Southeast Asia’s Lazada says its online grocery sales in Singapore jumped due to coronavirus
- Alibaba-owned Lazada said its online grocery sales in Singapore increased four times since the city-state introduced restrictions in early April to blunt the spread of the coronavirus outbreak.
- Lazada’s online supermarket delivery business in Singapore is RedMart, which it acquired in November 2016.
- RedMart’s unique visitors on a daily basis have increased more than 11 times, according to Lazada Singapore CEO James Chang.
Saheli Roy Choudhury of CNBC recently published that Southeast Asia’s e-commerce giant Lazada said its online grocery sales in Singapore jumped four times from early April — since the city-state introduced movement restrictions as the number of coronavirus cases intensified.
The Alibaba-owned firm has about 65 million active consumers on its platforms across six different Southeast Asian markets. Lazada’s online supermarket delivery business in Singapore is RedMart, which it acquired in November 2016.
RedMart’s unique visitors on a daily basis have increased more than 11 times, according to Lazada Singapore CEO James Chang. He told CNBC’s “Squawk Box” on Tuesday the company had a “pretty tough time” trying to keep up with the services customers expected during the peak period.
″(RedMart’s) sales have increased about four times in this space and we hired about 500 staff here in Singapore over the course of a few weeks to be able to increase our capacity substantially,” Chang said. People hired to meet the increase in demand were a mix of full-time staff and part-timers.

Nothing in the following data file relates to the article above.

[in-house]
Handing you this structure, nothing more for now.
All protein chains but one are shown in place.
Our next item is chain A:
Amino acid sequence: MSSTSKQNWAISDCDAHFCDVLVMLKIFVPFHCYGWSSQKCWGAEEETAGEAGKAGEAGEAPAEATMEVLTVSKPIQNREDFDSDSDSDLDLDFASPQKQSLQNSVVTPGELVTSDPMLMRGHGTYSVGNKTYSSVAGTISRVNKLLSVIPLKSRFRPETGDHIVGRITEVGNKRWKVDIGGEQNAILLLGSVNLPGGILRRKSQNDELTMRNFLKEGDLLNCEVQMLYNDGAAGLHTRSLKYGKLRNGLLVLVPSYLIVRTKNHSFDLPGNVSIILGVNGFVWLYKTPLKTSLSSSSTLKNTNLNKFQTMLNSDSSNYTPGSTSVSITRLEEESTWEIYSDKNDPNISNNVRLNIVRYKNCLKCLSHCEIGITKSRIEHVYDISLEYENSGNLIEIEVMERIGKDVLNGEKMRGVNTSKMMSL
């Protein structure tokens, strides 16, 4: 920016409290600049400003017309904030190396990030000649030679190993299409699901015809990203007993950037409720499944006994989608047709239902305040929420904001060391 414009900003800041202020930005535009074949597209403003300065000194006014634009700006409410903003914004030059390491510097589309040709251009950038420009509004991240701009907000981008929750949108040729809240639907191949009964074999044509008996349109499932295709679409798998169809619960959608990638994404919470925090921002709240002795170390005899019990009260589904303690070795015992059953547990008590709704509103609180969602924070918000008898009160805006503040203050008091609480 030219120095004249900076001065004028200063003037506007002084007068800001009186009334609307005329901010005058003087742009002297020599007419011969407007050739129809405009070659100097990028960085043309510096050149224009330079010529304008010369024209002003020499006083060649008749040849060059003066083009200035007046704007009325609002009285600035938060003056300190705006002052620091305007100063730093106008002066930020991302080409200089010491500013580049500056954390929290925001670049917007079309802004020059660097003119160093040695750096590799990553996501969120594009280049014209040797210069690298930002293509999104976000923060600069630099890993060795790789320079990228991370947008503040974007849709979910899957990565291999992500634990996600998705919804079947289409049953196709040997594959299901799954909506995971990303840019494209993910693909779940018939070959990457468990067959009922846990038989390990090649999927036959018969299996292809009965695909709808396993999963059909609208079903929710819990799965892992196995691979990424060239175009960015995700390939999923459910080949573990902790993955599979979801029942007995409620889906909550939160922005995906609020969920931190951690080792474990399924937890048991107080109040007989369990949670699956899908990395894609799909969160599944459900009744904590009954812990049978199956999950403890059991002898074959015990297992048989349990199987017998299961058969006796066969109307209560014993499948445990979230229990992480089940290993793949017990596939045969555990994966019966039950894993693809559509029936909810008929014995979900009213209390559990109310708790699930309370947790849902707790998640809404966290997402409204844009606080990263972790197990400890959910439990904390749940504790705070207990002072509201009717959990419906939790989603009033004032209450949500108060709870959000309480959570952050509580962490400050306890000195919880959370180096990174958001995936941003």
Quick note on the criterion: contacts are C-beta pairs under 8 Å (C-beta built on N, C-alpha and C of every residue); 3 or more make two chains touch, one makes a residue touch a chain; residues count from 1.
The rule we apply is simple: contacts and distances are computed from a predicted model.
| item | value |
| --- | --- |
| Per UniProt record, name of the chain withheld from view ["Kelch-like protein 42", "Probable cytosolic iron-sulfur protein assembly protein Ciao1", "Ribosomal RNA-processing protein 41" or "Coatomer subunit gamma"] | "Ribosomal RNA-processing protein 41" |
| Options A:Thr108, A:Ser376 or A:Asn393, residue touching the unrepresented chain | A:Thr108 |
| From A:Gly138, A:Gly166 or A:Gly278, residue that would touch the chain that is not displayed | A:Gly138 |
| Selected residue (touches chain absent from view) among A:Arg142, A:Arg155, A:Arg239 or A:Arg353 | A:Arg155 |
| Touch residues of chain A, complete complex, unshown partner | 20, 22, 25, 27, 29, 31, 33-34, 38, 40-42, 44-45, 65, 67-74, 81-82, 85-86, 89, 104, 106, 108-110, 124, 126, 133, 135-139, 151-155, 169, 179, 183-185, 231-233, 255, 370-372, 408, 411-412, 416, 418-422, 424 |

Lazada also introduced a new delivery system on April 4 that allowed the company to increase its capacity by 50% and take on more orders as an increasing number of people turned to e-commerce.
When the infection was beginning to spread rapidly outside China in February, Chang told CNBC at that time that RedMart’s orders jumped and exceeded its weekly average by 300% when people in Singapore rushed to buy in bulk.
Lazada has “a huge investment” in information technology and logistics infrastructure, Chang said Tuesday.
In Singapore, the company is opening up a warehouse called the “West Fulfilment Centre” that would have several automated areas designed to meet customer needs. It is expected to be unveiled in July or August, depending on how well the outbreak is contained.
The company declined to reveal any dollar-figure in terms of its investment commitments in Singapore but said that it is “ongoing.”
Singapore has one of the highest numbers of coronavirus cases in Asia, and reported more than 35,000 cases of infections.
To slow the spread of infection, Singapore imposed strict restrictions in early April, which authorities called a “circuit breaker.” Those measures are on course to gradually ease in three phases. Starting Tuesday, the first phase went into effect where more people were allowed to return to work, but remote work were expected to be the norm.